Saturday, January 31, 2004

It's raining.
It's raining here, at least. And it's been raining all day. I got up and was faced with a wet grey blanket outside the window. I went downstairs - the same. At lunchtime the puddles still exploded quietly with circles. And right now there's a patter on the window which sadly isn't that of snow. It's still raining. So I've been distracting myself with online stuff for a while. The fruits of my wandering:

Orchestras, throw away your paper. Digital scores are better than paper ones. Hmm. I'm not sure I agree - a score is like a book, and books are always more satisfying if they're paper. There's a war on in Sudan, but not over which book is everyone's favourite there: Three Men in a Boat. There was a rather interesting article in the New York Times about different Jesus films which have emerged from Hollywood - in advance of Mel Gibson's February offering - but I won't link to it because the NYT will take it offline soon and you'll have to pay to read it all. As usual.

Decontrol, a wonderful online art gallery, found, along with much else in this posting, via MemePool's 'Art' category.

There's one artist whose work everyone likes - some a bit, most quite a lot, and a few who border on idolatry - Andy Goldsworthy. Whether he's plastering wet stones with petals and leaves, weaving feathers / making natural paintings on a meniscus / curling ice around a treetrunk / building wavy walls / stone arches with no mortar / stone eggs - again, sans concretion / pulling a filigree twig curtain across an empty space or leaving large snowballs in London during summer, his simple and beautiful work, both as a thing-in-itself and a way of relating to nature, is similar in its impact to some of Michael Longley's poetry.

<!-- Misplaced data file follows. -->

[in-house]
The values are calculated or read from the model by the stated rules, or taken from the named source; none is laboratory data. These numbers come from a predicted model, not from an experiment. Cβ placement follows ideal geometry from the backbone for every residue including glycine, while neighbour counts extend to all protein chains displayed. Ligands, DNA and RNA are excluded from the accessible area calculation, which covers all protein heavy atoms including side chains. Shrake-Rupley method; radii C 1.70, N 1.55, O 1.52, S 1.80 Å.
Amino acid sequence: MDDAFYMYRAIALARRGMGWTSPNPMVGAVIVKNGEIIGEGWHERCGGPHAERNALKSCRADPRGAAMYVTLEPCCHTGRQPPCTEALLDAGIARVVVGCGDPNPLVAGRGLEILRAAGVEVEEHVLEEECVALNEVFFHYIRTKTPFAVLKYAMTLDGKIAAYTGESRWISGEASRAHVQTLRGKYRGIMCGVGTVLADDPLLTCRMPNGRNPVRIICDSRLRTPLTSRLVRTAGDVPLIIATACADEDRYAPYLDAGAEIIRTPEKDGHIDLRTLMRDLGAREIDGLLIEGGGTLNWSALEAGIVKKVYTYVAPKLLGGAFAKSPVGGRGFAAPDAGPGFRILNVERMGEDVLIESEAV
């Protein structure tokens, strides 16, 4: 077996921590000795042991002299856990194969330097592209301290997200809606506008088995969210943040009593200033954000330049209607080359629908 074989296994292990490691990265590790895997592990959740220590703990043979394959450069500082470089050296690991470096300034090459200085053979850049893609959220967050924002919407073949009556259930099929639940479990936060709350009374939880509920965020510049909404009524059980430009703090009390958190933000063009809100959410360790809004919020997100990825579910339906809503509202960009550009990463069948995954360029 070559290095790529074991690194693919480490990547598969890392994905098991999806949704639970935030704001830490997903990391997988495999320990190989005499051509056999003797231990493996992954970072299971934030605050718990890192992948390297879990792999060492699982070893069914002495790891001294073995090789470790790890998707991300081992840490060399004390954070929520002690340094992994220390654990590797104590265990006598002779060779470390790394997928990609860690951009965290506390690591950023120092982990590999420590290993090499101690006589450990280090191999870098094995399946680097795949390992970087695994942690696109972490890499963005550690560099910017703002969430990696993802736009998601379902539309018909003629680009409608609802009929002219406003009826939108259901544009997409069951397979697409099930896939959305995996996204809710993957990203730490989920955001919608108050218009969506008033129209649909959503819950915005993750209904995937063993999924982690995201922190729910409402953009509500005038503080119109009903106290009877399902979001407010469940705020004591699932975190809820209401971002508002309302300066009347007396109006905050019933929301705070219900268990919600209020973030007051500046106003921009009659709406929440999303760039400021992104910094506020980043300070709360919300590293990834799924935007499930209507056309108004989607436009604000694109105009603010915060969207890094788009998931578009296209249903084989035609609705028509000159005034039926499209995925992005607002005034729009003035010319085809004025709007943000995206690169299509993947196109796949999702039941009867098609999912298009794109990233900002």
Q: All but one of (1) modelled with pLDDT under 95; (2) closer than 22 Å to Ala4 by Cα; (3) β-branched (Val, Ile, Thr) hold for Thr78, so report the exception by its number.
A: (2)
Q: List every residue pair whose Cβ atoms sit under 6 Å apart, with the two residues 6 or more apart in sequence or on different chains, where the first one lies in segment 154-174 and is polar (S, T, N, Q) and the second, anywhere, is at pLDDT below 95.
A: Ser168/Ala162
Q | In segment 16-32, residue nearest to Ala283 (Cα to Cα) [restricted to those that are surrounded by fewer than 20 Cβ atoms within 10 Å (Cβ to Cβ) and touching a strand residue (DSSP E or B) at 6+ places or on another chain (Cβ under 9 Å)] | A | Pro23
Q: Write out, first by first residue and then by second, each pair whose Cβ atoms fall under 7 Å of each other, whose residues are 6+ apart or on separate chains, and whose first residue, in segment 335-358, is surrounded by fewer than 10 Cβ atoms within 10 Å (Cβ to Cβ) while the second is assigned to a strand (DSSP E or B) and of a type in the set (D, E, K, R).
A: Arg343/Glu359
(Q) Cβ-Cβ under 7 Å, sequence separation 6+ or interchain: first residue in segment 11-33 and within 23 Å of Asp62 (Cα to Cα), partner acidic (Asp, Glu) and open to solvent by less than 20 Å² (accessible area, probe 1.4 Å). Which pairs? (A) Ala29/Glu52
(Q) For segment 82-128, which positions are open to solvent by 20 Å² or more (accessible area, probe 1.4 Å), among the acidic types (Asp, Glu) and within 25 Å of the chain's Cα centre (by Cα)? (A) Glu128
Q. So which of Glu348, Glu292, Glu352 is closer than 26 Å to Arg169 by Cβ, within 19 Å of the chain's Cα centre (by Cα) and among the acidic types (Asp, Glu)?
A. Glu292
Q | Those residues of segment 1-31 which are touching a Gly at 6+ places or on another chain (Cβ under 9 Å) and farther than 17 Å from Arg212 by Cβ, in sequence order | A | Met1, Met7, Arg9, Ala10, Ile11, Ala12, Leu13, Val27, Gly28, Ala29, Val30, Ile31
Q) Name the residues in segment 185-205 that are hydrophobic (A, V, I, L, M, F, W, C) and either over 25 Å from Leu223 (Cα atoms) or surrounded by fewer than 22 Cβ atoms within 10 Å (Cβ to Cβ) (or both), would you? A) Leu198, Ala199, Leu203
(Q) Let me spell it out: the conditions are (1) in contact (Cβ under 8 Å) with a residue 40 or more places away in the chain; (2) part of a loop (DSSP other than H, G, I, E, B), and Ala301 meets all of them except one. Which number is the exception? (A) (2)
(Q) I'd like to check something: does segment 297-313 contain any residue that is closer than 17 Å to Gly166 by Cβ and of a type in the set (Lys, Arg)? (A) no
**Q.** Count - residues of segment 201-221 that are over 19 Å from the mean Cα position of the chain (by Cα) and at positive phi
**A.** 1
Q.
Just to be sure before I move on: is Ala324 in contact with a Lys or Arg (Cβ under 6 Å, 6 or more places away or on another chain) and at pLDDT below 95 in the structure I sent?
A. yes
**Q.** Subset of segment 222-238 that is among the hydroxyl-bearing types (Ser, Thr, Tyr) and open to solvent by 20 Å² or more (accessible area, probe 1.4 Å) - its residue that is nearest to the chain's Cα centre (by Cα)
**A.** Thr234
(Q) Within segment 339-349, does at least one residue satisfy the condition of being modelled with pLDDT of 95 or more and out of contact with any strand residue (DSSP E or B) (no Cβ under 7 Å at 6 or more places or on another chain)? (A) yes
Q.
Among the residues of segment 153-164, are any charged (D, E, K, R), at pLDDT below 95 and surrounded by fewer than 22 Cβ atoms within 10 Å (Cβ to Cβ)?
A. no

Friday, January 30, 2004

Disturbing Search Requests
No, I'm not talking about the brilliant site of that name, but about two search referrals to this site within the last day. Some people search for the weirdest things: "pictures of nubile young women with disgusting older men" and "flayed human face pic medical". Ugh. Ugh. - Oh yeah, and "Maggie Gyllenhaal slap".

Thursday, January 29, 2004

Long-dead gay people
Sounds positively sickening, doesn't it. But a new book, Strangers: Homosexual love in the 19th Century, written by Graham Robb of Oxford Uni, runs the gamut of social, medical, and legal responses to homosexuality before turning to the ways gay people lived and wrote themselves into society. There's apparently one very interesting part which deals with whether Sherlock Holmes and Dr Watson were gay, which I've linked to a lengthy NYT treatment thereof. Just in case it expires, here are a few snippets from the article copyright Laura Miller:

...there is something decidedly unconventional about the sexuality of Holmes and several other popular fictional detectives... Holmes was partly based on Edgar Allan Poe's Auguste Dupin, hero of the first detective story, "The Murders in the Rue Morgue"... The brilliant amateur sleuth, a man of aristocratic family, lives in reduced circumstances as a result of ''untoward events.'' He is ''enamored of the night'' and frequents the dicier parts of town. The unnamed (but more solvent) narrator immediately perceives that ''seeking in Paris the objects I then sought . . . the society of such a man would be to me a treasure beyond price.'' They set up housekeeping together. By day, they remain indoors with curtains drawn, burning candles and incense -- exactly the sort of behavior that, Robb notes, scandalized a London courtroom when Wilde admitted to it decades later. ...Great critics have struggled to define the eccentric charm of Doyle's tales. It has so little to do with adult sexuality because it has so little to do with adulthood. The Holmes stories take place in an idyll of perpetual boyhood, at the stage Freudians call ''latent,'' when love scenes are something to retch at and the ambivalence of grown-up life is held at bay. For all its solemnity, ''The Lord of the Rings'' partakes of the same dream. That's why sex is of small consequence in either work and the word ''adventure'' is essential to both.

Wednesday, January 28, 2004